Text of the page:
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The Law. One often-overlooked procedural tool in a Texas attorney’s toolbox is a pre-suit deposition under Rule 202 of the Texas Rules of Civil Procedure. That rule provides: “A person may petition the court for an order authorizing the taking of a deposition on oral examination or written questions either: (a) to perpetuate or obtain the person’s own testimony or that of any other person for use in an anticipated suit; or (b) to investigate a potential claim or suit.” Subtype (a) is less common: it allows you to ask the court to permit the deposition of a witness for a suit that you know will be filed, but for which the witness may no longer be able to testify due to health, absence from the jurisdiction, or any other reason.
Claims Investigation. More commonly, lawyers petition for a subtype (b) deposition. In this type of petition, you are telling the court that you need to investigate whether or not a lawsuit should be filed. Most often, but not always, the person you seek to depose is the potential defendant in that possible lawsuit. You may not be sure whether or not the person you seek to depose is the person who has caused you harm, or you may not be sure that they have undertaken the actions you believe they have. Simply put, you may not have enough facts to put together a petition and state a claim against your potential defendant.
Example. For example, these types of depositions might be used in a situation where you believe a former employee is violating a non-competition agreement. You may not be sure of the business of the employee’s new employer, or you may not know whether the employee is using your confidential information in his new job. A Rule 202 petition can allow you to make these determinations before deciding whether you need to file a full-blown lawsuit.
Form and Procedure. A Rule 202 petition takes the same form as any other petition, with some particular rules: it must be verified with a person of knowledge of the facts therein; it must be filed in the county where the suit is anticipated or where the witness resides; and it must include detailed information about the deponent and, if suit is anticipated, about the potential opposing party. It must be served on the potential deponent and any potential adverse parties at least 15 days prior to the hearing on the petition.
Court Standards. If the court finds that either “(1) allowing the petitioner to take the requested deposition may prevent a failure or delay of justice in an anticipated suit; or (2) the likely benefit of allowing the petitioner to take the requested deposition to investigate a potential claim outweighs the burden or expense of the procedure,” Tex. R. Civ. P. 202.4(a), the Court will grant the petition and order the deposition be taken. Note that evidence must be presented at the hearing to convince the Court of the propriety of the requested deposition. In re Noriega, No. 05-14-00307-CV, 2014 Tex. App. LEXIS 3462 (Tex. App.—Dallas Mar. 28, 2014, orig. proceeding). Rule 202 depositions are not to be used routinely, and courts will carefully limit and supervise such pre-suit discovery to avoid any abuse of the process. In re Wolfe, 341 S.W.3d 932, 933 (Tex. 2011) (orig. proceeding); In re Jorden, 249 S.W.3d 416, 423 (Tex. 2008) (orig. proceeding).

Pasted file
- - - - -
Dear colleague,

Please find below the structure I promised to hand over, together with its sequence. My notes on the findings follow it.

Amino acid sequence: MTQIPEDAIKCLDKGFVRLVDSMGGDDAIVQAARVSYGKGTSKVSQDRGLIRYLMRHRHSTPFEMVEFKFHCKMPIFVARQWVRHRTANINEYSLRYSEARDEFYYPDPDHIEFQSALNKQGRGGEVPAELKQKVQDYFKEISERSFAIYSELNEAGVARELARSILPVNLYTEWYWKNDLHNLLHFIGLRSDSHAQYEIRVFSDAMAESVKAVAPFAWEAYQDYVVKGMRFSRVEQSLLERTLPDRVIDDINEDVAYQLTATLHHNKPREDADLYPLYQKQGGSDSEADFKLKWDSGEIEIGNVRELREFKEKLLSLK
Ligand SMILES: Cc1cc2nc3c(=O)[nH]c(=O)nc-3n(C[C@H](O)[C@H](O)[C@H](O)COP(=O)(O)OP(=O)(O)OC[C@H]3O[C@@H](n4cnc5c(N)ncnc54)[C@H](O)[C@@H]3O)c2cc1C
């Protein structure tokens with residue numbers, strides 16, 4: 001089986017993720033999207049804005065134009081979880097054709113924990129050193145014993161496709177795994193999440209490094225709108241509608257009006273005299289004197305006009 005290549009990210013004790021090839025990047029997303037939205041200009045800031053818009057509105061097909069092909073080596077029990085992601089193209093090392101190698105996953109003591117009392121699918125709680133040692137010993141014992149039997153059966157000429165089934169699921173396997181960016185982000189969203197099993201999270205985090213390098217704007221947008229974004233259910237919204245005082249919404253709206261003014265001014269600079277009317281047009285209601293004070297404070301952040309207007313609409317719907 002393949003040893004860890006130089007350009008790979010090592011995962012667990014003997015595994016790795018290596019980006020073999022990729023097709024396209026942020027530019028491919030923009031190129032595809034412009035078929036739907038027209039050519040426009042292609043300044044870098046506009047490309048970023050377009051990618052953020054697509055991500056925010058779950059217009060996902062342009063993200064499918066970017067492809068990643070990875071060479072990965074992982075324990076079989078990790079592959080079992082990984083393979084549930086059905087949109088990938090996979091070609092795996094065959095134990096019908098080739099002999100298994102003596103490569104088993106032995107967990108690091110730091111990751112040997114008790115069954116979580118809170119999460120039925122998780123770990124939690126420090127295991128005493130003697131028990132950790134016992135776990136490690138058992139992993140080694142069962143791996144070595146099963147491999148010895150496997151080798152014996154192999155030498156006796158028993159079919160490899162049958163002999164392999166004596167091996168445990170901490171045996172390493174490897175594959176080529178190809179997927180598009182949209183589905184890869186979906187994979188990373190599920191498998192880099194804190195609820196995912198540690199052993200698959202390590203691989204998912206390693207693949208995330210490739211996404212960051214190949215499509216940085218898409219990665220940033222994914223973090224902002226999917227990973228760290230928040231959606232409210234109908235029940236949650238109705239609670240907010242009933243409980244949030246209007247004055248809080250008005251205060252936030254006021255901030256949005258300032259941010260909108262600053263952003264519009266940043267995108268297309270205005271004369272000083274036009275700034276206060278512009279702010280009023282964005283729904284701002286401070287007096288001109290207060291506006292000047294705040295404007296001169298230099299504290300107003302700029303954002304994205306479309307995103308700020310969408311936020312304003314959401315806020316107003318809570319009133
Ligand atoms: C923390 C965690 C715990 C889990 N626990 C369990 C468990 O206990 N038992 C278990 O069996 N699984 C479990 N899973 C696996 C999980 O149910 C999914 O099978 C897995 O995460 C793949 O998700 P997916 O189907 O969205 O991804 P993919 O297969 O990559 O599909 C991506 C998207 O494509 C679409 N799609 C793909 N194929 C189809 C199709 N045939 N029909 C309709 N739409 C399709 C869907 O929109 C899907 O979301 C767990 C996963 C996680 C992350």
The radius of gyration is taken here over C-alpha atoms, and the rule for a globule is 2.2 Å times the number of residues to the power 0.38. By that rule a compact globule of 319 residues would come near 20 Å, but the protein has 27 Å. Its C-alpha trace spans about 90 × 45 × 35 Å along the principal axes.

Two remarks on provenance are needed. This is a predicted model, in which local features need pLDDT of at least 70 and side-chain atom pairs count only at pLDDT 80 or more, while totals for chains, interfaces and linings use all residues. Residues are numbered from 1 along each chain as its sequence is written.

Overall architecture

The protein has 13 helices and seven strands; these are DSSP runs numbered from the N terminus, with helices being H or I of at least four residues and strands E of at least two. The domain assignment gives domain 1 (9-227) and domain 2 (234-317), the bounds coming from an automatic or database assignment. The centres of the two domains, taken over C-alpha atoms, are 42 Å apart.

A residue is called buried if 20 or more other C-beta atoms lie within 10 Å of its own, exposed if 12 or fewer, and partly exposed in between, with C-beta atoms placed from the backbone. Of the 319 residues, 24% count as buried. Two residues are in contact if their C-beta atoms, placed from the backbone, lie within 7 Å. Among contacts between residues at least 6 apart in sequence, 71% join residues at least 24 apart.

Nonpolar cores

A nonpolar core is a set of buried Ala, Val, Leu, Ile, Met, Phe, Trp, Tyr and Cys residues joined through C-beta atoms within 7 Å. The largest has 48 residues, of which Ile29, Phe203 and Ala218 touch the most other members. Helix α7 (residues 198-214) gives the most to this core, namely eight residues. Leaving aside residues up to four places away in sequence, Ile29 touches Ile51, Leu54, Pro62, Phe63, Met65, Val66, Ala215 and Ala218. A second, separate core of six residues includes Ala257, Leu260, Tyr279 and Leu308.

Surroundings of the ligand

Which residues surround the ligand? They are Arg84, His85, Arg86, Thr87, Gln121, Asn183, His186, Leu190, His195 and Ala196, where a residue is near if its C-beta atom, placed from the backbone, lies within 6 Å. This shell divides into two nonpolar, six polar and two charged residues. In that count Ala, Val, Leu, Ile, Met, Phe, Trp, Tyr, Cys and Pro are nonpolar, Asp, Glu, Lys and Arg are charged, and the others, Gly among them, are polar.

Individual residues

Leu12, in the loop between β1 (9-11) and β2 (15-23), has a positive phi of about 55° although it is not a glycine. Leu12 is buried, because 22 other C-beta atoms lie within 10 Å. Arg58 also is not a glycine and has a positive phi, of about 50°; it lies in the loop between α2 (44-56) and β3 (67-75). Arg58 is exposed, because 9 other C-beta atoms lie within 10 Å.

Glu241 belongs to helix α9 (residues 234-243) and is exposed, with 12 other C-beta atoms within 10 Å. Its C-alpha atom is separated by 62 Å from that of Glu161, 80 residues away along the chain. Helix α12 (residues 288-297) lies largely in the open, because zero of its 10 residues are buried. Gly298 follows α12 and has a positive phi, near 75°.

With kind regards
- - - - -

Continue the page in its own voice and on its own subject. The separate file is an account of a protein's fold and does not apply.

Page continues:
We are a team of former prosecutors, Department of Justice trial attorneys, and experienced litigators that represent clients in litigation matters involving business disputes, healthcare litigation, non-compete issues, securities, partnership and shareholder disputes, breach of contract, and employer interests in courts across the nation. Clients interested in learning more about our civil litigation practice should contact the following attorneys directly to find out how we can assist with our litigation skills and experience.
- Nick Oberheiden (email@example.com) has been involved in complex federal litigations in Los Angeles, Miami, New York, Dallas, Houston, and Washington D.C., to name just a few. Dr. Oberheiden is trained in negotiation strategies by Harvard Law School and he holds a Juris Doctor from UCLA School of Law, a Juris Doctor from his native Germany, as well as a Ph.D. in law.
- Elizabeth K. Stepp (firstname.lastname@example.org), a graduate of Yale Law School, is a litigation veteran with more than two decades and hundreds of cases of experience. Clients appreciate Ms. Stepp’s clever, unorthodox, and highly analytical approach to complex problems and her ability to persuade judges and juries of her profoundly researched arguments.
- Attorney Lynette S. Byrd focuses her practice on civil and criminal litigation, Medicare and insurance audits, and general advice and counseling in health care law. She is a former Assistant United States Attorney with years of substantial trial experience under her belt who merges excellent litigation skills with profound understanding of the law.
The attorneys of Oberheiden & McMurrey, LLP offer profound and distinct litigation expertise. Many of our attorneys formerly served the United States as federal prosecutors and held leading positions within the Department of Justice— and now offer proven litigation strategies and impeccable courtroom skills to our clients across the United States. If you have questions about the litigation process or specifically about depositions, you should contact Dr. Nick Oberheiden or former federal prosecutors Glenn Harrison, Lynette Byrd, and Bill McMurrey for a free and confidential assessment.